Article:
• kim gentry meyer

The enemy of my creativity is overthought

I have found that the enemy of my creativity is overthought.

My most creative moments happen when I get out of my head and just put paint to canvas or let the melodies come...when I let my creative core take over, and I just get out of the way. I find this to especially be the case with visual art. If I think too much about it, I become too hesitant. I lose my courage to dive in. And I think diving in is so key.

People ask me how my creative works come about, especially my songs, and I don't really have a clear answer. I don't have a formula for songwriting, although I know there are endless how-to guides out there! I just write what comes to me. And I write what I need to hear. I write what I am inspired to write and what I care about. Usually lyrics and melodic lines come to me while doing the daily grind - driving to work, folding laundry, showering - nothing glamorous! When I have lyrics and melody worked out in my head I sit down at the piano and figure out the chords. And that is that. Definitely not glamorous.

I think we make creativity too complicated sometimes. We put it on a pedestal. We try to figure it out; to crawl inside it and dissect it. We think we need to learn a craft perfectly in order to engage in it. But I think that is backwards. I think we need to spend that effort getting in touch with what we are passionate about and what we want to say. Then we need to just say it, write it, sing it, paint it, or whatever, no matter how imperfectly we feel that expression is. We will get better the more we create, and the journey is so utterly important in the meantime.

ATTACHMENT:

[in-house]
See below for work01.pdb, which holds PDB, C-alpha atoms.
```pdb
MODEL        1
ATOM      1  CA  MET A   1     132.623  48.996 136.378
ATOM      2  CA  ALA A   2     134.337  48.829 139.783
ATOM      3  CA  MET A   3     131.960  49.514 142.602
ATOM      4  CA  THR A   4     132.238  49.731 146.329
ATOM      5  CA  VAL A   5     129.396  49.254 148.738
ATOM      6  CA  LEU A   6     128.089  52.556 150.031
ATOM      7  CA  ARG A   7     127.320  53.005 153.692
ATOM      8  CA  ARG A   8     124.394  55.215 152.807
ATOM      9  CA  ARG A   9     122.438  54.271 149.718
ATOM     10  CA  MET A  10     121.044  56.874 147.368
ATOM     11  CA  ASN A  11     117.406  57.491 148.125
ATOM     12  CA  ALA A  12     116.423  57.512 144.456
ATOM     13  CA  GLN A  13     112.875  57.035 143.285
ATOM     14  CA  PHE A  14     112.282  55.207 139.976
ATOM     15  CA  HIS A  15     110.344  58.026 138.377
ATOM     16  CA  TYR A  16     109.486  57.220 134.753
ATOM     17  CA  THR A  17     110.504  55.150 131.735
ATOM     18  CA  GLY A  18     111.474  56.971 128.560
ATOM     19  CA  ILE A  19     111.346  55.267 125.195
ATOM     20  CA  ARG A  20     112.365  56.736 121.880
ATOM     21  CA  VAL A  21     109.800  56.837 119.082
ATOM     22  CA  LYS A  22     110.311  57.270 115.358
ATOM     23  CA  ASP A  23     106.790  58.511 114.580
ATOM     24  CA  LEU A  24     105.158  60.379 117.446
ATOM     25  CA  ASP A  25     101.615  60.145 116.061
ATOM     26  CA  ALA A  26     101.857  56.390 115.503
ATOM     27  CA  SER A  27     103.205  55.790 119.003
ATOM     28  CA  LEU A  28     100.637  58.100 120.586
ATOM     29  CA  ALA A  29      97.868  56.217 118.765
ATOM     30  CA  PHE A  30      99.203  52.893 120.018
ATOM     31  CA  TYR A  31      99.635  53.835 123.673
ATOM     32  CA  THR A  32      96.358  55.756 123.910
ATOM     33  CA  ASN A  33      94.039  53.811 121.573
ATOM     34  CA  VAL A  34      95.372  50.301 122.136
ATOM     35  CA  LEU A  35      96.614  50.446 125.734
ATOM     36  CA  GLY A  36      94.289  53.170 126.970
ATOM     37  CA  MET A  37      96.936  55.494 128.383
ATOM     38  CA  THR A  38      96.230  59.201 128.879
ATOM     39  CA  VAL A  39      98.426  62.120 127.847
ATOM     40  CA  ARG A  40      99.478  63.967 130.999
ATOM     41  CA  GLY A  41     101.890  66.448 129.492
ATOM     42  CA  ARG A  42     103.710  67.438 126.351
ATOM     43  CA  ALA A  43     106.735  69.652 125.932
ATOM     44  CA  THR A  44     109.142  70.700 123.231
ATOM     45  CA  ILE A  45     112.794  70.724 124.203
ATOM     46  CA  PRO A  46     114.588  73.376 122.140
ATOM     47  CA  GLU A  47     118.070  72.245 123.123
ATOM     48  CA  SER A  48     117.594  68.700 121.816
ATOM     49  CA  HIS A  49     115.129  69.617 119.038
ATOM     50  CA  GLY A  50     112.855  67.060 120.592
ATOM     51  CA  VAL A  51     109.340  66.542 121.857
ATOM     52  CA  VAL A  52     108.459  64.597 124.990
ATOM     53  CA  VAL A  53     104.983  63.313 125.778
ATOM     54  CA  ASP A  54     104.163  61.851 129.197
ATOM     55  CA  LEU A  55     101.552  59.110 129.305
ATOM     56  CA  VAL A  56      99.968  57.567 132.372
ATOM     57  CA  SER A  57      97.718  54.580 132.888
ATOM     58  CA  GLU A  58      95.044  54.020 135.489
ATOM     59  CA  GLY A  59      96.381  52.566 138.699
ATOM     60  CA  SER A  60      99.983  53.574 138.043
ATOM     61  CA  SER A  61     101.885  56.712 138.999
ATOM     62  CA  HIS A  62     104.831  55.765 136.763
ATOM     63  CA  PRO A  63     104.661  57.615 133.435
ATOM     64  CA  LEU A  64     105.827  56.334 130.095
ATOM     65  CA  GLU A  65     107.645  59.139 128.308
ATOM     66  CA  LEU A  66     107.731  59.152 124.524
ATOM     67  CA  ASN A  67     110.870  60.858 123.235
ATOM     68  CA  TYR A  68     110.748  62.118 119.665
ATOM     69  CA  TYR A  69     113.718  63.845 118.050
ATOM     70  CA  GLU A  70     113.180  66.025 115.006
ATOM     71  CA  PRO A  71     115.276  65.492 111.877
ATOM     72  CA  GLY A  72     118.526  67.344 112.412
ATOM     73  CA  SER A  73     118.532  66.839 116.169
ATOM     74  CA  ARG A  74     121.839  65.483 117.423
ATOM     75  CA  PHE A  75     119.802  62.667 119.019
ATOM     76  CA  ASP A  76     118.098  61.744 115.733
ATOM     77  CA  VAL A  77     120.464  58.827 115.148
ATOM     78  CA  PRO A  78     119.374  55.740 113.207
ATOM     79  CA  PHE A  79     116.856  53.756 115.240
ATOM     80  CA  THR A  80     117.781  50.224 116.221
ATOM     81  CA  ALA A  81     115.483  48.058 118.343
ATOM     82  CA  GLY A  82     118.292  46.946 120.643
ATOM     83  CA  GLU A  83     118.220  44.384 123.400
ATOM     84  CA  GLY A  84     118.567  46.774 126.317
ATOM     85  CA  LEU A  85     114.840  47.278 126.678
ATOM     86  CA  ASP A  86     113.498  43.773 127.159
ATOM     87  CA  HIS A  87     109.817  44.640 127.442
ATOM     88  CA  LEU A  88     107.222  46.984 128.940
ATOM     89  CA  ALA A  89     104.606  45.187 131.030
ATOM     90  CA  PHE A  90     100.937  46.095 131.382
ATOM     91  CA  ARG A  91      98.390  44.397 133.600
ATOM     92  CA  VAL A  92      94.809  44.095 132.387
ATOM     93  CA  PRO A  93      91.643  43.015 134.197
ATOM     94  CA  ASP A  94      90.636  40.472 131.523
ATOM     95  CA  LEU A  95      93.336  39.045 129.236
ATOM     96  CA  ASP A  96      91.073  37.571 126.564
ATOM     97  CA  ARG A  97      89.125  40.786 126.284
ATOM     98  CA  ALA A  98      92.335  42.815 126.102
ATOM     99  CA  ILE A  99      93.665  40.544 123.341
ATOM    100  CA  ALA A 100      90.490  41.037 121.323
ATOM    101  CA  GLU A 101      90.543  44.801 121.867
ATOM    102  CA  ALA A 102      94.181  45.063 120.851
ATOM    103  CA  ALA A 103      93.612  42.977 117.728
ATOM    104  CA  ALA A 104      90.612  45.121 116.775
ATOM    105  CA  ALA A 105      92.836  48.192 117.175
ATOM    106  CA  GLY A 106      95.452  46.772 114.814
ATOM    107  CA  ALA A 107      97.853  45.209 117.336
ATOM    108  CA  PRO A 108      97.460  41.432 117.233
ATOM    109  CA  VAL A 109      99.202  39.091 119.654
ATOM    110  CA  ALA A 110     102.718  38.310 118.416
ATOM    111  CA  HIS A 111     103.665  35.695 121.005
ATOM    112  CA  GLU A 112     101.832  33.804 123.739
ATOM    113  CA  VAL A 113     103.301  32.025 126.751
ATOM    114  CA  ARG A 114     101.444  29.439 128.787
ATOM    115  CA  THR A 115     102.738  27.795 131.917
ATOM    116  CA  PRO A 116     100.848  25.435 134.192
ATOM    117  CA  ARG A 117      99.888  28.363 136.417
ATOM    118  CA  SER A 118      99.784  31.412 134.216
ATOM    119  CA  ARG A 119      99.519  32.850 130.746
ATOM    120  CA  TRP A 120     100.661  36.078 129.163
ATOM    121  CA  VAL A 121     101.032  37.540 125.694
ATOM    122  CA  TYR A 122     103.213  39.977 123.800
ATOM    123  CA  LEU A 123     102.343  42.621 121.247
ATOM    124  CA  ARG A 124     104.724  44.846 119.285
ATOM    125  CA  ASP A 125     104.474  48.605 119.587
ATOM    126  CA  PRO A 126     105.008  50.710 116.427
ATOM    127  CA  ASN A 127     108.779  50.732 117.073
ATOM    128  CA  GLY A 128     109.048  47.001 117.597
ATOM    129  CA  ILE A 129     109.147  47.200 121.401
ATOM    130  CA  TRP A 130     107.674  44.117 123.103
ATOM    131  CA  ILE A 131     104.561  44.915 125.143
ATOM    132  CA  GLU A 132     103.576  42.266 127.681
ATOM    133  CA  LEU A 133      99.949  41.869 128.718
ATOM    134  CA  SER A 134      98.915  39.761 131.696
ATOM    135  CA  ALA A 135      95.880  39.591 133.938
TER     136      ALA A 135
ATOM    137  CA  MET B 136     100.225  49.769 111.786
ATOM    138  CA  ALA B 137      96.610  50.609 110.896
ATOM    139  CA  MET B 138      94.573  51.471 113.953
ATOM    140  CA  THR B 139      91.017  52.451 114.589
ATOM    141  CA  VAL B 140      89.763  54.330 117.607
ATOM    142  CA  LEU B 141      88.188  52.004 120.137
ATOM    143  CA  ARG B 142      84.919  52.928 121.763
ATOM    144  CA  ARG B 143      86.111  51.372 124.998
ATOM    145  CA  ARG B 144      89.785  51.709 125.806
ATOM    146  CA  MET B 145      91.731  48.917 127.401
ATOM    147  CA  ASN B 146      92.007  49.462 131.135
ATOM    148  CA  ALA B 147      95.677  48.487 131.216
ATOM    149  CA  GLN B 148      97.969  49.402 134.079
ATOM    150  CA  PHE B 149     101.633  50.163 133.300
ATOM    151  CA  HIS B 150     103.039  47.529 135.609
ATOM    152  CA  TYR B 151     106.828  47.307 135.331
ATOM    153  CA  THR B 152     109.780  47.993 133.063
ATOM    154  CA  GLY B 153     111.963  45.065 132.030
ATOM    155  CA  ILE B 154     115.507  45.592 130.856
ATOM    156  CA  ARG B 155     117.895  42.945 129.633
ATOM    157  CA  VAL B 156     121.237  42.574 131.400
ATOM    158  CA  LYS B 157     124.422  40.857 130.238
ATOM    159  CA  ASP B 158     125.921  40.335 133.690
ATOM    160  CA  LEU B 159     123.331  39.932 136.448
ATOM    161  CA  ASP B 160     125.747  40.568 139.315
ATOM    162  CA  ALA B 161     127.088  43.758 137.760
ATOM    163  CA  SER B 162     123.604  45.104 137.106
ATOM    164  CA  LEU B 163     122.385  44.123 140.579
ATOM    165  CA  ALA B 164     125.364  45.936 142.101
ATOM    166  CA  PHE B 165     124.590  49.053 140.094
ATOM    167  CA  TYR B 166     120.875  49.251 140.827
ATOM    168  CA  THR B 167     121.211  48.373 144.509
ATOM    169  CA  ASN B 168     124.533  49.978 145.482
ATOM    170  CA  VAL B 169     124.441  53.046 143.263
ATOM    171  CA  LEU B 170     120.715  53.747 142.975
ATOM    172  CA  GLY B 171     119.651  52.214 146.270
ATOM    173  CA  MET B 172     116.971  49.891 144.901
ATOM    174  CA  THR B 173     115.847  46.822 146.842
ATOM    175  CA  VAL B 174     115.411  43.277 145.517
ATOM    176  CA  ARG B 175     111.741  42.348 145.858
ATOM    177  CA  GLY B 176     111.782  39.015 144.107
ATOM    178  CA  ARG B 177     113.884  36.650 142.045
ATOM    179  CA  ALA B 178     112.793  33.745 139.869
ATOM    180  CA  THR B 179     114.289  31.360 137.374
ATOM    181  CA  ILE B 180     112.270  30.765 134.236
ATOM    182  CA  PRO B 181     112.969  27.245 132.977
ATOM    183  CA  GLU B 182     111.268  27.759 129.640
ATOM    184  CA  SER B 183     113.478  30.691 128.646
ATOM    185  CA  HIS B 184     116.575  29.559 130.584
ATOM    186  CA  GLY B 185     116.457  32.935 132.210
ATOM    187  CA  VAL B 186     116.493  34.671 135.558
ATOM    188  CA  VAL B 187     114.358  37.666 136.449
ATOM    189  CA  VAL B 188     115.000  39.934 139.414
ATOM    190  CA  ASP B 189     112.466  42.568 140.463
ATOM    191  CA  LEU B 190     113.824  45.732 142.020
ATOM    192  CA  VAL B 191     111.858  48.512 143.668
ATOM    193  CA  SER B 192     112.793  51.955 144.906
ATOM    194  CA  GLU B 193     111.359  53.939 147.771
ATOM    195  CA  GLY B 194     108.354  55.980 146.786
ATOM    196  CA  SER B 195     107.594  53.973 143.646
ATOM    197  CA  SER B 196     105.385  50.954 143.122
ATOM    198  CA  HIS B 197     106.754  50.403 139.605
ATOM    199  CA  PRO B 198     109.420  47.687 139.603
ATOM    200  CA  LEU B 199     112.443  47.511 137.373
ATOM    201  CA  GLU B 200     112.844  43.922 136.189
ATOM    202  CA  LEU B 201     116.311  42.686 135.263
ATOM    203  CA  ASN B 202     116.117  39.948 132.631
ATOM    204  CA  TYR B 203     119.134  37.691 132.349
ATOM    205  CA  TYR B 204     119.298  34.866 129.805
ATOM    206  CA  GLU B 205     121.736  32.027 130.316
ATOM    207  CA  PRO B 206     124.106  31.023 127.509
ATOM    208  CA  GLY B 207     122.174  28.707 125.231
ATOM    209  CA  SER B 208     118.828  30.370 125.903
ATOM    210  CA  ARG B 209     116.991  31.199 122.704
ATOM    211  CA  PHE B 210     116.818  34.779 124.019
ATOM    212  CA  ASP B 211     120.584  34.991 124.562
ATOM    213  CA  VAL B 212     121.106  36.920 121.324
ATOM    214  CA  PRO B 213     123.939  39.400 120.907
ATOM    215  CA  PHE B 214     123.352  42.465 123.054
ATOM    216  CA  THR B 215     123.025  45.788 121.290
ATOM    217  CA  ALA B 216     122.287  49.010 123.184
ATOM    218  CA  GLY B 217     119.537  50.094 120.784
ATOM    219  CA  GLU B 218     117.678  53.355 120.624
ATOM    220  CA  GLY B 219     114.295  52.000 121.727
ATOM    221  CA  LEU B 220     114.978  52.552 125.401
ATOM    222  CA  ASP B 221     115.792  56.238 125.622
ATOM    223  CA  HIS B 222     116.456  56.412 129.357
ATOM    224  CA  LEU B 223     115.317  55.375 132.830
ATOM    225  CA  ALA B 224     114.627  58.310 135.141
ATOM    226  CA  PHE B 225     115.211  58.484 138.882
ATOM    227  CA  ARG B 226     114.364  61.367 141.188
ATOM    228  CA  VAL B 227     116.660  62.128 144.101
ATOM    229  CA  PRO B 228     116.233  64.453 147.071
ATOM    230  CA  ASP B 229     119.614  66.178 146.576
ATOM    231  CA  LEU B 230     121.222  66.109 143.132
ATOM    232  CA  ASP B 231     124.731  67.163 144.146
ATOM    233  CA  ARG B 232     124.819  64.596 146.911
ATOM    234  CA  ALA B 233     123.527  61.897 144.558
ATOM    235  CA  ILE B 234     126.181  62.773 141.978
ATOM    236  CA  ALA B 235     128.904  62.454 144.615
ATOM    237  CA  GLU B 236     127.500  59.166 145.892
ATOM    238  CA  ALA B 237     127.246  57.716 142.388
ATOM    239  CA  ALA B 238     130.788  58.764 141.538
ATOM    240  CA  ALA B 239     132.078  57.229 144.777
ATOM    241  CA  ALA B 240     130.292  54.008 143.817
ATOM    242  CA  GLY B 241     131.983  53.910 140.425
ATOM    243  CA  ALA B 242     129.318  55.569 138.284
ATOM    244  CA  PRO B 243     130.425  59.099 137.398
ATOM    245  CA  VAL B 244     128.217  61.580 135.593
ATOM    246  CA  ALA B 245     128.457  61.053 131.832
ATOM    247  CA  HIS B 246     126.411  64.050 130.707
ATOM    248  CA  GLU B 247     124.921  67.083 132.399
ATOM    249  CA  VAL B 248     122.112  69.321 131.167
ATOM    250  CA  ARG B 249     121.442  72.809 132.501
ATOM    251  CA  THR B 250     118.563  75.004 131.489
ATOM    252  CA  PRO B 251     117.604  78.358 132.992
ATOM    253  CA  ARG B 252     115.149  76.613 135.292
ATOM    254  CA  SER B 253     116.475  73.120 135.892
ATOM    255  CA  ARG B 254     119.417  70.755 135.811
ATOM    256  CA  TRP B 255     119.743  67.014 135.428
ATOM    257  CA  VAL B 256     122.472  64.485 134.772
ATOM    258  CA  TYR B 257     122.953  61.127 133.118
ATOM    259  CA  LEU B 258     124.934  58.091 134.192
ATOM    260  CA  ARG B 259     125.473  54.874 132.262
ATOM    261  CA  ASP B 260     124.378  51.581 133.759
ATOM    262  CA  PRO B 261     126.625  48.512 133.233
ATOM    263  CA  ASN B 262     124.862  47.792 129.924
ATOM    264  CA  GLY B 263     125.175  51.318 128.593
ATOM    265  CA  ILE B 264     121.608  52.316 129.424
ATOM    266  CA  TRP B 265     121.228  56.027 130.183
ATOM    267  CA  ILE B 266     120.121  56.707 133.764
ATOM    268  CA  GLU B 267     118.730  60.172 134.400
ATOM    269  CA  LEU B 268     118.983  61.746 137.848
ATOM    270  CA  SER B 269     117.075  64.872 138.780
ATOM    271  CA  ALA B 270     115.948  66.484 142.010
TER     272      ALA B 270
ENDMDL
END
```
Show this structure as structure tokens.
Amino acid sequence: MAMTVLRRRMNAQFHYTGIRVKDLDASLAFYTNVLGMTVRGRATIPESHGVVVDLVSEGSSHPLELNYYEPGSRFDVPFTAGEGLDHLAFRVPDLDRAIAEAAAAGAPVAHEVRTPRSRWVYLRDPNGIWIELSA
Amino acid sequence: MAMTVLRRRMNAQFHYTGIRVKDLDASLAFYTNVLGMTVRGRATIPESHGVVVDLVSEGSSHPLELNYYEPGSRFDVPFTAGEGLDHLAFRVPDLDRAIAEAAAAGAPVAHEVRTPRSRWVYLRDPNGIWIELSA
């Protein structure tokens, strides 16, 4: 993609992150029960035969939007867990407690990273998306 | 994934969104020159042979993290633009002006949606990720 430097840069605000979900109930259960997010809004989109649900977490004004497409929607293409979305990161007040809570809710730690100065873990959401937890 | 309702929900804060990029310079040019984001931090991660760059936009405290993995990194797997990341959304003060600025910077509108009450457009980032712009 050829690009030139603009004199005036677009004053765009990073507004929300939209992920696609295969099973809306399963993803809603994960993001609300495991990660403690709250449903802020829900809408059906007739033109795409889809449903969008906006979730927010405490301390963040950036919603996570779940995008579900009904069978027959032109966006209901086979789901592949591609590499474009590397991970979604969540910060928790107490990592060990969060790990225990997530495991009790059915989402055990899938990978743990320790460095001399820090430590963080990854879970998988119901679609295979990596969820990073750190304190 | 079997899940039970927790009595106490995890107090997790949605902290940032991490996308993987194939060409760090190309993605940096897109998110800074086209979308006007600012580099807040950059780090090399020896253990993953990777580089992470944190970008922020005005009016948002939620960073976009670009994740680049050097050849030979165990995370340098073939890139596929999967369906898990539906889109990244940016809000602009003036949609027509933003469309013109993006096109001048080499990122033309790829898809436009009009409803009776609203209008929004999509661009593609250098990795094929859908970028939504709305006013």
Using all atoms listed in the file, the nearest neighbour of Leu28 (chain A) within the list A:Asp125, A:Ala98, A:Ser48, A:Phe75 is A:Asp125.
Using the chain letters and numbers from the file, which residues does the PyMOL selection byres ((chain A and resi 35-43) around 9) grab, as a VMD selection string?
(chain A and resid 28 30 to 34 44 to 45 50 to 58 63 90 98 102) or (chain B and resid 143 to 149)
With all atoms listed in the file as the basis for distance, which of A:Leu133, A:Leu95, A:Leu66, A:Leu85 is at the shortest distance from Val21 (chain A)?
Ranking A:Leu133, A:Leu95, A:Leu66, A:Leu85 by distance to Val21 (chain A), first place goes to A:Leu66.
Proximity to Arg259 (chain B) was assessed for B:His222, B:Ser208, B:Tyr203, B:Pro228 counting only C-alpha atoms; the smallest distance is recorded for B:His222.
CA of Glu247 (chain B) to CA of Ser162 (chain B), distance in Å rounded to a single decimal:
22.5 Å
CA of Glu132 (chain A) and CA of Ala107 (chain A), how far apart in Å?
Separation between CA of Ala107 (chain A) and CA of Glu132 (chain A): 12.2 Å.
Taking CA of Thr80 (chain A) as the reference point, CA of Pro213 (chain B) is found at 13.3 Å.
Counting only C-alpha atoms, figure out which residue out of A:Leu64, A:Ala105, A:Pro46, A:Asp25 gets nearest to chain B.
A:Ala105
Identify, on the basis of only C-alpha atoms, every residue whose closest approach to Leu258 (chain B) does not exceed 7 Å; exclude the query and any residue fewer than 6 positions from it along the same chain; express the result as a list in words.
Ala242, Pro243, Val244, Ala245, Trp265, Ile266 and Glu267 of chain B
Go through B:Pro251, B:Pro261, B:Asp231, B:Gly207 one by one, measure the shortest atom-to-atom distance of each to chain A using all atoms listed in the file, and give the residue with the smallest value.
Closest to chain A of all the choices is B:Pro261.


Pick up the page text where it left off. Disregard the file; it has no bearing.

I am finding that for me, it is a continual journey of discovering who God created me to be and then creating out of that calling. The creative arts give legs to this expression and make it possible to connect with others and share our gifts...share our concerns...share hope. Our creations don't have to be perfect. They don't need to follow current trends. They don't need the approval of others. They just need to be authentic.

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© 2020 by Kim Gentry Meyer